The BMA has warned that revisions to professional standards do not sufficiently take account of the pressures facing doctors in the NHS today.
The association has said that updates to the Good medical practice guidance coming into force in January 2024 but unveiled on 22 August by the GMC do not reflect ‘the current perilous state of the health service’, adding that urgent reform is still needed to address long-standing distrust of the regulator by the medical profession.
Reiterating calls for an independent and comprehensive review of the GMC’s regulatory processes ahead of legislative change, the BMA welcomed some key aspects of the new standards such as the greater clarity around tackling sexual harassment and bullying in the workplace.
BMA council chair Philip Banfield said that, while the new standards on inappropriate behaviour were to be welcomed, the overall emphasis of the updates risked setting unachievable expectations for doctors working within a chronically under-resourced and overstretched NHS.
He said: ‘Good medical practice guidance is used as a benchmark to assess professional actions and behaviour. It is therefore crucial that it lays out robust and achievable standards rather than aspirational standards that doctors may fail to reach through no fault of their own.
‘While many of the updates are reasonable on an individual level, when placed in the context of an extremely challenging health service – navigating chronic under-resourcing and the biggest backlog in the history of the NHS – doctors are rightly concerned that this will simply extend opportunities for individuals to be scapegoated when services (and the systems behind them) fail to meet the needs of patients.
‘Doctors come to work to do the best job we can to care for our patients, and the GMC should not underestimate the impact that systemic pressures and failures have on doctors’ ability to provide safe care.’
The new standards, which the GMC describes as the first ‘major update’ to its professional guidance in a decade, echo many of the recommendations lobbied for by the BMA following the association’s own work into addressing unacceptable workplace behaviour.
More than 2,000 doctors shared their experiences of sexism with the BMA for its sexism in medicine survey, including cases of sexual harassment. Since then, it has been working to implement changes to address the environment some doctors and medical students are working in, including the launch of the Ending Sexism in Medicine Pledge.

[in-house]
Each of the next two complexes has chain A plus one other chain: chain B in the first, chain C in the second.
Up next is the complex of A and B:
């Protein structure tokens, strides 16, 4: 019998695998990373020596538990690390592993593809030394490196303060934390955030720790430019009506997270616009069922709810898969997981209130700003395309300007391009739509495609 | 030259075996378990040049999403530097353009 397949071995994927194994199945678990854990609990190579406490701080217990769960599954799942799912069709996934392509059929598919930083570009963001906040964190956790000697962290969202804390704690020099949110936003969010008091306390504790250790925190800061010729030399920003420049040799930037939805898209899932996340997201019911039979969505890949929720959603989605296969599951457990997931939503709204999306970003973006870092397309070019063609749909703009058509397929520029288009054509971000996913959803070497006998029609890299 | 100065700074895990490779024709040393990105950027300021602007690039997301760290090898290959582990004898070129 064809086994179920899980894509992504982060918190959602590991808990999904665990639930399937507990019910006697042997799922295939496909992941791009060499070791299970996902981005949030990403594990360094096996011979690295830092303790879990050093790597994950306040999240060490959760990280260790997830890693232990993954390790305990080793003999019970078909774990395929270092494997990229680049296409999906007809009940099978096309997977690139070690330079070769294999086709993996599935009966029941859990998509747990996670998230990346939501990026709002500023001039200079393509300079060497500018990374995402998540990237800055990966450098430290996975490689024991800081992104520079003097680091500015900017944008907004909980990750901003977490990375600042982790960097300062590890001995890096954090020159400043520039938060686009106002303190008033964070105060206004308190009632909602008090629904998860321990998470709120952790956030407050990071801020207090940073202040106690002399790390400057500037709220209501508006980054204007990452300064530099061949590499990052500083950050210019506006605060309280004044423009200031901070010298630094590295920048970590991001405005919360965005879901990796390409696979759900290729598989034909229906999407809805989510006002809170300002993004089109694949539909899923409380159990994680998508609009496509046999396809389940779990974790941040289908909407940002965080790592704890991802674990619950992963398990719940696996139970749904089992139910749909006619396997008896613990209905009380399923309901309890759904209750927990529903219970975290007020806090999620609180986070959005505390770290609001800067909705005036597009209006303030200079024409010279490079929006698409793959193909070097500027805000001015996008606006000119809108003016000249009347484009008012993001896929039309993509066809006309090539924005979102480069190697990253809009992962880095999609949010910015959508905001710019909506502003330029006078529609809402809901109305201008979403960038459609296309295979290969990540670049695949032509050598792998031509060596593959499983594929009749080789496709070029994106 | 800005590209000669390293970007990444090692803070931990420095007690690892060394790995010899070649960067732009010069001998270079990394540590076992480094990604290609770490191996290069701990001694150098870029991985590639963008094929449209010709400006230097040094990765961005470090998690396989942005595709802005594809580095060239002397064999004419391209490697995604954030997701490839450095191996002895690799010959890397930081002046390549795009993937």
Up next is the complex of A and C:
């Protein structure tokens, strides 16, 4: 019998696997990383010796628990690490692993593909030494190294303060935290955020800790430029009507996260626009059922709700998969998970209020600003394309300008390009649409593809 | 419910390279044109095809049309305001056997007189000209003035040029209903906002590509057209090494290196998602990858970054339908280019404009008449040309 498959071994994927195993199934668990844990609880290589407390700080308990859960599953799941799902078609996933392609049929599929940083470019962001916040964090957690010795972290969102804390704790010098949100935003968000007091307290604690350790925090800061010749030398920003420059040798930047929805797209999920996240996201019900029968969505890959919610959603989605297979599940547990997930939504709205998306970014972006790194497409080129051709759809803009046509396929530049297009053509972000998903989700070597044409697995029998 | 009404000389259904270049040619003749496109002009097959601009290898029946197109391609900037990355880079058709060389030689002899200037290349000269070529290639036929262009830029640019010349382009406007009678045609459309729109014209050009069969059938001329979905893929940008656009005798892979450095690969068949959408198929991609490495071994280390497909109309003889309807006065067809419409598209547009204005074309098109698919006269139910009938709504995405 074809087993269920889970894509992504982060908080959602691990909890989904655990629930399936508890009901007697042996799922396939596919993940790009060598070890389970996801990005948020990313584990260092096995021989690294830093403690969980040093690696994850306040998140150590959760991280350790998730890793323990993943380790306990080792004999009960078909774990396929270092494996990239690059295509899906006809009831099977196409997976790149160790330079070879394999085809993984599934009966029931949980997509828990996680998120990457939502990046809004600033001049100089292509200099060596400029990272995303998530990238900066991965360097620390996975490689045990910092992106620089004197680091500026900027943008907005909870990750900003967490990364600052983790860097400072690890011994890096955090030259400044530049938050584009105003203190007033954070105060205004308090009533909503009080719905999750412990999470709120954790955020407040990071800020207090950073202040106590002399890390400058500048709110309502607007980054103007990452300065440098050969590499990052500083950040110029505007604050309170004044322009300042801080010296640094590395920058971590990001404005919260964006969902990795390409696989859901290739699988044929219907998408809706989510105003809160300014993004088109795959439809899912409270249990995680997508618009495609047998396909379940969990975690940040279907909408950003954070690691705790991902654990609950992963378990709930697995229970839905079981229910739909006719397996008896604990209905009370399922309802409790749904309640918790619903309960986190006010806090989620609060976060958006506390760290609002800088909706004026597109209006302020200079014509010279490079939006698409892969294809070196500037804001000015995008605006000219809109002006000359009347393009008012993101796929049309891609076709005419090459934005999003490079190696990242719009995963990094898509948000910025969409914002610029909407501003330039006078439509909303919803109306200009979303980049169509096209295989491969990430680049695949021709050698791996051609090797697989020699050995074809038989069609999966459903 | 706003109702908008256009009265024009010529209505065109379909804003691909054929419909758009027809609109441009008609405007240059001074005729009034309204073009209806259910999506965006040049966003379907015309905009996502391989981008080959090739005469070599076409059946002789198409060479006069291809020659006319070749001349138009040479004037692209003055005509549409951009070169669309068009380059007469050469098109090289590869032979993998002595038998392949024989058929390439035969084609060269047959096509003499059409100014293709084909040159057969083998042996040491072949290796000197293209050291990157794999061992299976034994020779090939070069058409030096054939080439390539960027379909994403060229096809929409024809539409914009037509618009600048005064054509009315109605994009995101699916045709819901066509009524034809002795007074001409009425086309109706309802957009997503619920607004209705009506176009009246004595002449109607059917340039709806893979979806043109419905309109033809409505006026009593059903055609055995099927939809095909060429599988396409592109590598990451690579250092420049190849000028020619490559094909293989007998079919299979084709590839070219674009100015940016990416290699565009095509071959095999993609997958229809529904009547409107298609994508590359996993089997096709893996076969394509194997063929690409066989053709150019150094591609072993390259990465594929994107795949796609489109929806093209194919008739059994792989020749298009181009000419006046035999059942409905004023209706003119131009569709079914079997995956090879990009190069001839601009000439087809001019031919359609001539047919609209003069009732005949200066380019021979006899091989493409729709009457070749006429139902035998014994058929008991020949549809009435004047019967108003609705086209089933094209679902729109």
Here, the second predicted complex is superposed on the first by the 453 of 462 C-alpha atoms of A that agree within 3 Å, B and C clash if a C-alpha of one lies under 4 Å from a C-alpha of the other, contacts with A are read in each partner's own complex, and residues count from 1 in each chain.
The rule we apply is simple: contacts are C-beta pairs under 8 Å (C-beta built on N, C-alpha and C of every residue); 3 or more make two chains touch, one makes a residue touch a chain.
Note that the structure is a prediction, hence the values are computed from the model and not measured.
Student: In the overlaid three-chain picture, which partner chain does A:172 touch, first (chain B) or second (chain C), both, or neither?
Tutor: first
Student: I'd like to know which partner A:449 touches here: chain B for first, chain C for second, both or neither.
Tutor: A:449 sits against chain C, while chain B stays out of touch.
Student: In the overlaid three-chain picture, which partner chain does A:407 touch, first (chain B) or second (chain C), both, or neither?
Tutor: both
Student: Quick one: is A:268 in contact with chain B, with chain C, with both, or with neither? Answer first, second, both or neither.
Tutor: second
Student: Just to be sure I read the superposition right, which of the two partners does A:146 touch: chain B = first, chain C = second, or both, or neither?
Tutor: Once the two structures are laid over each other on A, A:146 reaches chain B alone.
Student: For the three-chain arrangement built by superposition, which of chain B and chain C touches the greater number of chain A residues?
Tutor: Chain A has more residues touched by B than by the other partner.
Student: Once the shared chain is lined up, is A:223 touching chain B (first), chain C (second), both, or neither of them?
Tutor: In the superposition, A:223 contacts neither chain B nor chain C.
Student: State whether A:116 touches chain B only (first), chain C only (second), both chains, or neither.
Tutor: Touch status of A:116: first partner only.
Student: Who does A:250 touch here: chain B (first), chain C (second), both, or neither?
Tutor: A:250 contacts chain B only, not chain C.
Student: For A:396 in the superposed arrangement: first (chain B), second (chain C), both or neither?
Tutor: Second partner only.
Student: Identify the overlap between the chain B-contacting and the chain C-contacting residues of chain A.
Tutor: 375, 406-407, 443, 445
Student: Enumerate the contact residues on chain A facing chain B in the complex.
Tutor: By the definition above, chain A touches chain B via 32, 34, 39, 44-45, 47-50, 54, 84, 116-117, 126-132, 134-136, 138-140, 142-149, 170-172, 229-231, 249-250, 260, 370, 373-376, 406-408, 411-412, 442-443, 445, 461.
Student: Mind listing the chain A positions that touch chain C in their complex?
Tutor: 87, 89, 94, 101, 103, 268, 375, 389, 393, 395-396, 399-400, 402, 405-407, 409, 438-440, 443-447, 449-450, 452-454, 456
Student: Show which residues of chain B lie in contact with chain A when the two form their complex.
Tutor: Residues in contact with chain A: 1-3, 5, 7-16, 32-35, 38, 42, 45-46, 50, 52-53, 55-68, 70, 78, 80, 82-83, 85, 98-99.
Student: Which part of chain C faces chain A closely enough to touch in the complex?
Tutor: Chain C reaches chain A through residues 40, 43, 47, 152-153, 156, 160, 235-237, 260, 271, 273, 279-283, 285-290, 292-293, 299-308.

The recognition of sexual harassment included in this guidance is necessary if sexual harassment in medicine is to be brought to an end, according to the BMA.
Under a section of the guidance headed ‘contributing to a positive working and training environment’, the standards note that doctors must not ‘act in a sexual way towards colleagues with the effect or purpose of causing offence, embarrassment, humiliation or distress’.
The guidance further makes clear that such behaviour includes, but is not limited to, ‘verbal or written comments, displaying or sharing images and unwanted physical contact’.
The standards also emphasise that bullying, harassing or discriminating against anyone based on personal characteristics such as appearance, lifestyle and cultural background is prohibited in the same way as it is for to existing legally defined protected characteristics such as race or sexual orientation.
Doctors who witness bullying or sexually inappropriate behaviour among their colleagues are encouraged by the new guidance to offer support to the person targeted or affected by harassment or bullying, verbally challenge those responsible and to consider reporting their behaviour.
Dr Banfield added that emphasising individual responsibility in reporting inappropriate workplace behaviour should not be a substitute for a deeper, ‘three-tier approach’ that sought to create a more supportive and inclusive workplace environment.
He said: ‘Encouraging individuals to speak up and report bullying and harassment … will not be effective if doctors do not trust those who they are complaining to or if complaints are not taken seriously when people do.
‘If we are to truly create a fair and equal place of work within the NHS, then a three-tier approach must be adopted with a focus on not just reporting unacceptable discriminatory or sexual behaviours, but also improving the resolution of problems and creating a more supportive and inclusive culture, including mediation and resourced remediation processes.’